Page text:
I'm not a fan of being the bad guy, but one has to be in order to teach our students about being responsible. I haven't been as successful as I would like, but I have always managed to clear my list by the end of the school year. (Personally, I would LOVE not to have to charge fines, but with budget issues as they are, our library needs the money.)
Here's the catch about teaching responsibility: If a student loses a book, their parent pays for it. If a student has a late fee, their parent pays for it. It's been suggested that a proper payback would be for the student to work off their debt. I don't agree. There are many ways to solve this dilemma. (Of course there are very special situations, like if there are serious problems occurring in the student's family i.e. illness, divorce. Use your discretion. )
Here are some tips on how to collect fines and overdue books:
1. Maintain a sense of humor. Losing your grip will only stress you out. It is not worth it. What's the name of the book series? Don't Sweat the Small Stuff. Perhaps your signs could take on a message which is delivered using humor? Here are two I created; one uses humor and the other one is very basic and to the point:
Here is a sign which is too plain and will not get your students' attention:
2. Be tenacious. I follow students to their classrooms and I keep showing up day after day until they either return a book or settle their fine. When they see you are not going away, they remember. It has worked for me just about every time.
3. Offer an incentive.
Here's a cute take on the Monopoly card from the Hastings-on-Hudson Public Library:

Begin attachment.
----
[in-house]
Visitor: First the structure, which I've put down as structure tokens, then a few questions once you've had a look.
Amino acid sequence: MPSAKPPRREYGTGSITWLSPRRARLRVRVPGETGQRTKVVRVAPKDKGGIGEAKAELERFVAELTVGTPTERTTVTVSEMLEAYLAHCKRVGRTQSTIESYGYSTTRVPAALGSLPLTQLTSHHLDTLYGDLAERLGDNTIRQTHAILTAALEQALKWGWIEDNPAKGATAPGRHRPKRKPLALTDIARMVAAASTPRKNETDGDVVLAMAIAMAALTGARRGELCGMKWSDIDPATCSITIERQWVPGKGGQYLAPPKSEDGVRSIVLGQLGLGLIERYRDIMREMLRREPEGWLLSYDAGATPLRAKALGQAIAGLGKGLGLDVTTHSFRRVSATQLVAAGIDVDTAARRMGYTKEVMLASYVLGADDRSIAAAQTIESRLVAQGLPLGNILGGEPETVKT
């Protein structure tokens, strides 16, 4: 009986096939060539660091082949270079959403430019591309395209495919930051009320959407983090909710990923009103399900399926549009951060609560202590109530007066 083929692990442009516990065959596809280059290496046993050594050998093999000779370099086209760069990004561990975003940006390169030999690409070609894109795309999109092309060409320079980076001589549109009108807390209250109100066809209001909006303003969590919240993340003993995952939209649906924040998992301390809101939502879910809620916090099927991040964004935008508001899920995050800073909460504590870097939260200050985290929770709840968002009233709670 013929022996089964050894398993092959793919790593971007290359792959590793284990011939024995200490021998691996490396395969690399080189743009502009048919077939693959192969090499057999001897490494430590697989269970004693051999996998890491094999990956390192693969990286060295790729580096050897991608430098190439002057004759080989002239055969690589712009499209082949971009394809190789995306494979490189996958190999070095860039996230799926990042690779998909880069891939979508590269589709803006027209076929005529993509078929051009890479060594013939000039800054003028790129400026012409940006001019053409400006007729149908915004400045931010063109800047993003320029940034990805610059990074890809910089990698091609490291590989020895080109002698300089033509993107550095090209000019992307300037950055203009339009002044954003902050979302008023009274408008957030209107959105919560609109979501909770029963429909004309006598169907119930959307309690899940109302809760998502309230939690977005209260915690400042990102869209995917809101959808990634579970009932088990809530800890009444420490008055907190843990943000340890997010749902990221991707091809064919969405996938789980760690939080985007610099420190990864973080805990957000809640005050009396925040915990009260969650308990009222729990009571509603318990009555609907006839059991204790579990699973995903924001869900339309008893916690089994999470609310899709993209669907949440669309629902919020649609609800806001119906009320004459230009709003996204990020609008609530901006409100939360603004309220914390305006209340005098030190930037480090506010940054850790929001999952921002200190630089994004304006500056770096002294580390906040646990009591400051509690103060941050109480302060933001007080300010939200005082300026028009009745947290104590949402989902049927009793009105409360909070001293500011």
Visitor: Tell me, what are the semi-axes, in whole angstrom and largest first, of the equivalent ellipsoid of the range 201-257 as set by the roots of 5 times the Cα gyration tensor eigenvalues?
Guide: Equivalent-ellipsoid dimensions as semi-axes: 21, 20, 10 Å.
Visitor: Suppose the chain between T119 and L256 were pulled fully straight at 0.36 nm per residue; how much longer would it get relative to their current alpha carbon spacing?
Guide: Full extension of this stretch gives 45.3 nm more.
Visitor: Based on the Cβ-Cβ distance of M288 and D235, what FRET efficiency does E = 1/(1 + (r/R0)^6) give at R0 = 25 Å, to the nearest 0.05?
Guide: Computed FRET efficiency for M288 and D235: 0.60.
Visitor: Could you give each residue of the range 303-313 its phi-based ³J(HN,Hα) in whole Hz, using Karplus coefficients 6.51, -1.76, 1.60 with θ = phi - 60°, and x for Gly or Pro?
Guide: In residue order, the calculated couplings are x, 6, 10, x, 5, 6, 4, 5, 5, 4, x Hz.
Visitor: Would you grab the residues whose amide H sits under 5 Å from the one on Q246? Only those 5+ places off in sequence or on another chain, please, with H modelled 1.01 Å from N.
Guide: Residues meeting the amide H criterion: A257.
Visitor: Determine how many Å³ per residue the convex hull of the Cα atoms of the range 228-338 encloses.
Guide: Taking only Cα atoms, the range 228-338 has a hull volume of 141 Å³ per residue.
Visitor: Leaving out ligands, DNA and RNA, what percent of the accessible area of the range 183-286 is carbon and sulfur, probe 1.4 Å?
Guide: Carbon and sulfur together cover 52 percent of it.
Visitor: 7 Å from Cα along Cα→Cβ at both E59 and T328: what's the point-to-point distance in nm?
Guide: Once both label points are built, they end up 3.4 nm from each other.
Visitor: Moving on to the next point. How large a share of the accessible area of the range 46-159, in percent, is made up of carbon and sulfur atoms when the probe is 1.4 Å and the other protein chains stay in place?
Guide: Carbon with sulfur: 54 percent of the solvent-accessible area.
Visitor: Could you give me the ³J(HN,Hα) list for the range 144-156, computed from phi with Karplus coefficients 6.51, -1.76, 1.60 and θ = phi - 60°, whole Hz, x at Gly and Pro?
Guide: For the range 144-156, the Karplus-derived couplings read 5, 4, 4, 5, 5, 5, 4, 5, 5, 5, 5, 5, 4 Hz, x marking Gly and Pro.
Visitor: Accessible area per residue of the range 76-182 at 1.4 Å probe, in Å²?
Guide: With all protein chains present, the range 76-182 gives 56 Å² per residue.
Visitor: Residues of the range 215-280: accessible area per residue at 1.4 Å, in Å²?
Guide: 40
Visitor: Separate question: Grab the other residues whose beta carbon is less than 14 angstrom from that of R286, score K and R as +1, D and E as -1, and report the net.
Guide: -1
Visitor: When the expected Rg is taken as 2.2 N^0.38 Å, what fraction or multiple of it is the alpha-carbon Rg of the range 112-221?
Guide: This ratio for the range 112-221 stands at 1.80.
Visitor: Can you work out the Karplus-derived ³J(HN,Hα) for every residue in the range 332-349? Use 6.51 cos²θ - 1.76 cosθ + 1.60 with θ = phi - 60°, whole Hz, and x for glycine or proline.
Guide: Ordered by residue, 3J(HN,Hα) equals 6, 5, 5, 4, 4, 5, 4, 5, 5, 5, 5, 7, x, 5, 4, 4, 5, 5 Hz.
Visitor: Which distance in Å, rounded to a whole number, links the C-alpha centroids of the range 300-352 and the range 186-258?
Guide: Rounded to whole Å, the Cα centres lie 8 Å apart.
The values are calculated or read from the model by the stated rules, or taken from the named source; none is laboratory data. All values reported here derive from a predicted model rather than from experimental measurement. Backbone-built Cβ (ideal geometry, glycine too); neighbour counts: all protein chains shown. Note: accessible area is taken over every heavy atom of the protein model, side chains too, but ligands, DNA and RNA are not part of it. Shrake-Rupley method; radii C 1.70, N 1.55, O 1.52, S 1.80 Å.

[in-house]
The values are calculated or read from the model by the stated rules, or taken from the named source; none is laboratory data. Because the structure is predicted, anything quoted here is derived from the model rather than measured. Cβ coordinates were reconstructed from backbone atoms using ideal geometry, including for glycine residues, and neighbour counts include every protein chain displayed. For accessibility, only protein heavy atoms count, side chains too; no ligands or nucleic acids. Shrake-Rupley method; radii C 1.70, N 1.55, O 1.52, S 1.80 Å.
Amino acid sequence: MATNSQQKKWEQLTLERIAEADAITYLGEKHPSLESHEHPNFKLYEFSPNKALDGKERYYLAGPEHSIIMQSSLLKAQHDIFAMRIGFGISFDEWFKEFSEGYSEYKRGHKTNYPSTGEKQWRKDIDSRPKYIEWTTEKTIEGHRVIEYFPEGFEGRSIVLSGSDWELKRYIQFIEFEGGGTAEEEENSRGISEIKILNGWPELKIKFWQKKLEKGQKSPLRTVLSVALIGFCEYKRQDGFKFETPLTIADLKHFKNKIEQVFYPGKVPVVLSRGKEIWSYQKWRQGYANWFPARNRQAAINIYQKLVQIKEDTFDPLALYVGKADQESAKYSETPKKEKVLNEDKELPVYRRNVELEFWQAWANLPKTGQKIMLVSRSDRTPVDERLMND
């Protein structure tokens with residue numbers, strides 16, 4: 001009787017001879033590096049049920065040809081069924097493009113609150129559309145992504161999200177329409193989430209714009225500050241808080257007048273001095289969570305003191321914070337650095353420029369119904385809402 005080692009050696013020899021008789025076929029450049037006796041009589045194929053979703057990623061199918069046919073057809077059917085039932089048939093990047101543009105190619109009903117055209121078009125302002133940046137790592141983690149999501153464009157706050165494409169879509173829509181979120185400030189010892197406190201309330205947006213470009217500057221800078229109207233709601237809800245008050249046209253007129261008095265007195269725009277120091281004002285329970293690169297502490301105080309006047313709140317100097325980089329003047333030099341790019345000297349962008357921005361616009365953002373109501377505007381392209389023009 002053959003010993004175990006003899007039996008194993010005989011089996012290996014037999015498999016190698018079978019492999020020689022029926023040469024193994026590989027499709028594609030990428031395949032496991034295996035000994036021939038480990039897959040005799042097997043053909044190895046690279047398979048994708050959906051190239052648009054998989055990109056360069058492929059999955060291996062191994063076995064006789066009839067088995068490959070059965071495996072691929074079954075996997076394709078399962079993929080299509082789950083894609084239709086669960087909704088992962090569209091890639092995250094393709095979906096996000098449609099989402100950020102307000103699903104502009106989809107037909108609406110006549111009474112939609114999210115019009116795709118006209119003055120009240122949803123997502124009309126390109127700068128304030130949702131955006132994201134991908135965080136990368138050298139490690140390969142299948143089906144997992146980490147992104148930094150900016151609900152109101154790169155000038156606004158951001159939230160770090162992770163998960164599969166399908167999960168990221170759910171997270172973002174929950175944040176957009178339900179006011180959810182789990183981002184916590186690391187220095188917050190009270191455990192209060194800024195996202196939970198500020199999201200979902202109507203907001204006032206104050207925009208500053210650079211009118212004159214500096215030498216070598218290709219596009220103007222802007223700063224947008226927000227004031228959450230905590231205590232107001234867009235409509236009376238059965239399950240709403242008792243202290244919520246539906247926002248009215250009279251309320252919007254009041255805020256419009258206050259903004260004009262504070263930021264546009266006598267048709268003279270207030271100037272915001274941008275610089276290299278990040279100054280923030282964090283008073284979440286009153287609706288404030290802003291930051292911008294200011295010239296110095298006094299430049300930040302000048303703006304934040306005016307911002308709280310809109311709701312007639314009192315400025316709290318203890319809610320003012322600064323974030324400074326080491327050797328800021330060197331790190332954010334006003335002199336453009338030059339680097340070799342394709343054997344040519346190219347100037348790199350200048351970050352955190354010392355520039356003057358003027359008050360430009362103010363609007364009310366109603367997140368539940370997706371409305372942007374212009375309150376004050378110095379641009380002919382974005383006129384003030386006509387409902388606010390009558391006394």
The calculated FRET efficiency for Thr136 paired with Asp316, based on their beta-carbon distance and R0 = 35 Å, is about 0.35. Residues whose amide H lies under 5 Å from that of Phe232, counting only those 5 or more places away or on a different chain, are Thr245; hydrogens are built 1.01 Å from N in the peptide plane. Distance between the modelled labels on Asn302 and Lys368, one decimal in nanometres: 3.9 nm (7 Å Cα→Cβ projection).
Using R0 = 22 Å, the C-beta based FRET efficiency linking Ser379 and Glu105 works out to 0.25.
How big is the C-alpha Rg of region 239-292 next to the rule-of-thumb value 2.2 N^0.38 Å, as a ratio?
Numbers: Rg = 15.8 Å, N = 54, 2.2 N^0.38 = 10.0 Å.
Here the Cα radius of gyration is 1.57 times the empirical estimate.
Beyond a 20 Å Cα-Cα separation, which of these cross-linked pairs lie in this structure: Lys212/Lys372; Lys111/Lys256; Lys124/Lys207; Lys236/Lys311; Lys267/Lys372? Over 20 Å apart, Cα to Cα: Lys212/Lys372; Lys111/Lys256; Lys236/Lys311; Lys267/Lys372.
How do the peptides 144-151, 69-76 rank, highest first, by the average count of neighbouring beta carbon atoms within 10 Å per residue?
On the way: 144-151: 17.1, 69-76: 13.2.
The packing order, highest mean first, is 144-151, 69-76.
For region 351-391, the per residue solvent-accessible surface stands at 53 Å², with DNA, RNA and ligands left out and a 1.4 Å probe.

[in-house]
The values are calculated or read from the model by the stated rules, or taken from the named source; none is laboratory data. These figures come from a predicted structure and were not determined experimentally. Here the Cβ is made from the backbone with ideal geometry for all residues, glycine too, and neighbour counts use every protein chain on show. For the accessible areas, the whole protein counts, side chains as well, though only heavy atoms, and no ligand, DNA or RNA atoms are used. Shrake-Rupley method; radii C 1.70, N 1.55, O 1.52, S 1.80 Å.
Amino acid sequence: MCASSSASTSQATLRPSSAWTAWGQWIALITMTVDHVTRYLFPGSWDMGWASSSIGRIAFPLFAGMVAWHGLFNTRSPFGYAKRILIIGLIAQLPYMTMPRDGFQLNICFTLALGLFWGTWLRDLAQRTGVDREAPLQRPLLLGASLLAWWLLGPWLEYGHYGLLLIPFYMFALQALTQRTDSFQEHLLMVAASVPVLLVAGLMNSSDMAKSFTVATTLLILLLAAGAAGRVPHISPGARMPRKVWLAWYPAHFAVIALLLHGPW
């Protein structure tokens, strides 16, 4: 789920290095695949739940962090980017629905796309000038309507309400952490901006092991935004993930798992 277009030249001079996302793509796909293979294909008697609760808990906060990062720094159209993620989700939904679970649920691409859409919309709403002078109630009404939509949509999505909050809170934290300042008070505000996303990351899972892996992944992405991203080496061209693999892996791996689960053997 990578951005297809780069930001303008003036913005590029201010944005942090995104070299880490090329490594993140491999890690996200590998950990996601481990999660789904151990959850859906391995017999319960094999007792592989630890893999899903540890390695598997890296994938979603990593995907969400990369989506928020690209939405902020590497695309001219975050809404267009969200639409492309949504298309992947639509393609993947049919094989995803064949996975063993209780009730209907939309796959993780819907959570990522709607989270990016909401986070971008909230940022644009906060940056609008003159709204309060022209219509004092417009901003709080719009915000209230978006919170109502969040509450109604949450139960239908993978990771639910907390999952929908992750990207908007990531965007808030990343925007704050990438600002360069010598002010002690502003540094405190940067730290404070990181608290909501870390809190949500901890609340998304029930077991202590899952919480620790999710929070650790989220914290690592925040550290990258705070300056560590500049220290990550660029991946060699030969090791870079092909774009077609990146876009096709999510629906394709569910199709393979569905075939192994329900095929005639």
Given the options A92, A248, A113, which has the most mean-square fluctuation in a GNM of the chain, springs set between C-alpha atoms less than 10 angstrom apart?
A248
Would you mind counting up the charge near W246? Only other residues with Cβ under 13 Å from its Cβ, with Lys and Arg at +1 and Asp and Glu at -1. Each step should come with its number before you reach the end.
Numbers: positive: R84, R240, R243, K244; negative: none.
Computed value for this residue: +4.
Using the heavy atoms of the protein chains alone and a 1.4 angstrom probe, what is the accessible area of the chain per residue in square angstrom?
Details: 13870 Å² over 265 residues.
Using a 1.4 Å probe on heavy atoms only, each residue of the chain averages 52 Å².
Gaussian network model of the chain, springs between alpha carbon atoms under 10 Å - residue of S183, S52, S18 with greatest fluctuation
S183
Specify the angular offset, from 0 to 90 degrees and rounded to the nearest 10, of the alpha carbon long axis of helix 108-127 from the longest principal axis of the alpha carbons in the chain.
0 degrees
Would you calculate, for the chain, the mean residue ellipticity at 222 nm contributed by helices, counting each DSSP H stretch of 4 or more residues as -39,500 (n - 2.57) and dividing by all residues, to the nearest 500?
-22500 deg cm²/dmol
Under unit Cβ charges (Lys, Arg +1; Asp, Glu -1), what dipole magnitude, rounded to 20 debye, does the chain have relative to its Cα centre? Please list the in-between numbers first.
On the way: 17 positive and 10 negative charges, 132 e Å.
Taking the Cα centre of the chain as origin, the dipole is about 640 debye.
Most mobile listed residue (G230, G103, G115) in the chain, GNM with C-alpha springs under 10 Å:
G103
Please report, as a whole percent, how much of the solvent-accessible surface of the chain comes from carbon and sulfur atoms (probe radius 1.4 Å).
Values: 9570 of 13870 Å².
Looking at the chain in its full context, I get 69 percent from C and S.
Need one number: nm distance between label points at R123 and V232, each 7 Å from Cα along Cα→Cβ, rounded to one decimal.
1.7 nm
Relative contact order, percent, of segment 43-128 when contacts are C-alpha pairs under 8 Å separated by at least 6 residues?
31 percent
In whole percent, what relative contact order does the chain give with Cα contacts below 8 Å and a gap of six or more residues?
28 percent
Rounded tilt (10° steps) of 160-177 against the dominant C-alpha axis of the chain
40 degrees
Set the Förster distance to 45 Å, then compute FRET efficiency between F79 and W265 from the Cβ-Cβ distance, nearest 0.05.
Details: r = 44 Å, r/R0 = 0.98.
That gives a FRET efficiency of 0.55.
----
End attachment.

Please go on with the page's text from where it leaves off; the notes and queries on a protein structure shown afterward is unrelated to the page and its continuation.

You could also try Food for Fines, where instead of cash, the student brings in cans of non-perishable food which can be donated to a local food bank.
Amnesty Coupons are also a good way to get students to settle their debt. Choose one day and see what happens.
Remember the show Deal or No Deal? (Repeats of the show are currently on GSN) I found this idea in the Google book Tips and Other Bright Ideas for Secondary School Libraries, Volume 4 by Kate Vande Brake :
4. Use operant conditioning.
Students need to understand that their behavior has a consequence. I have used class trips and the prom as an incentive for the collection of books. (See my poster Do You Owe Us a Book or Fine?above which explains.)
5. When all else fails, call the parent. Sometimes it is difficult to get in touch, but be persistent. The chance is pretty good that the parent did not know that their child had an overdue book or fine.
DO YOU HAVE A SPECIAL THING YOU DO TO GET BOOKS & FINES FROM STUDENTS?
Please comment at the bottom of the post.
Now to de-stress. Here are some really funny cartoons about overdue books:
LIKE WHAT YOU SEE?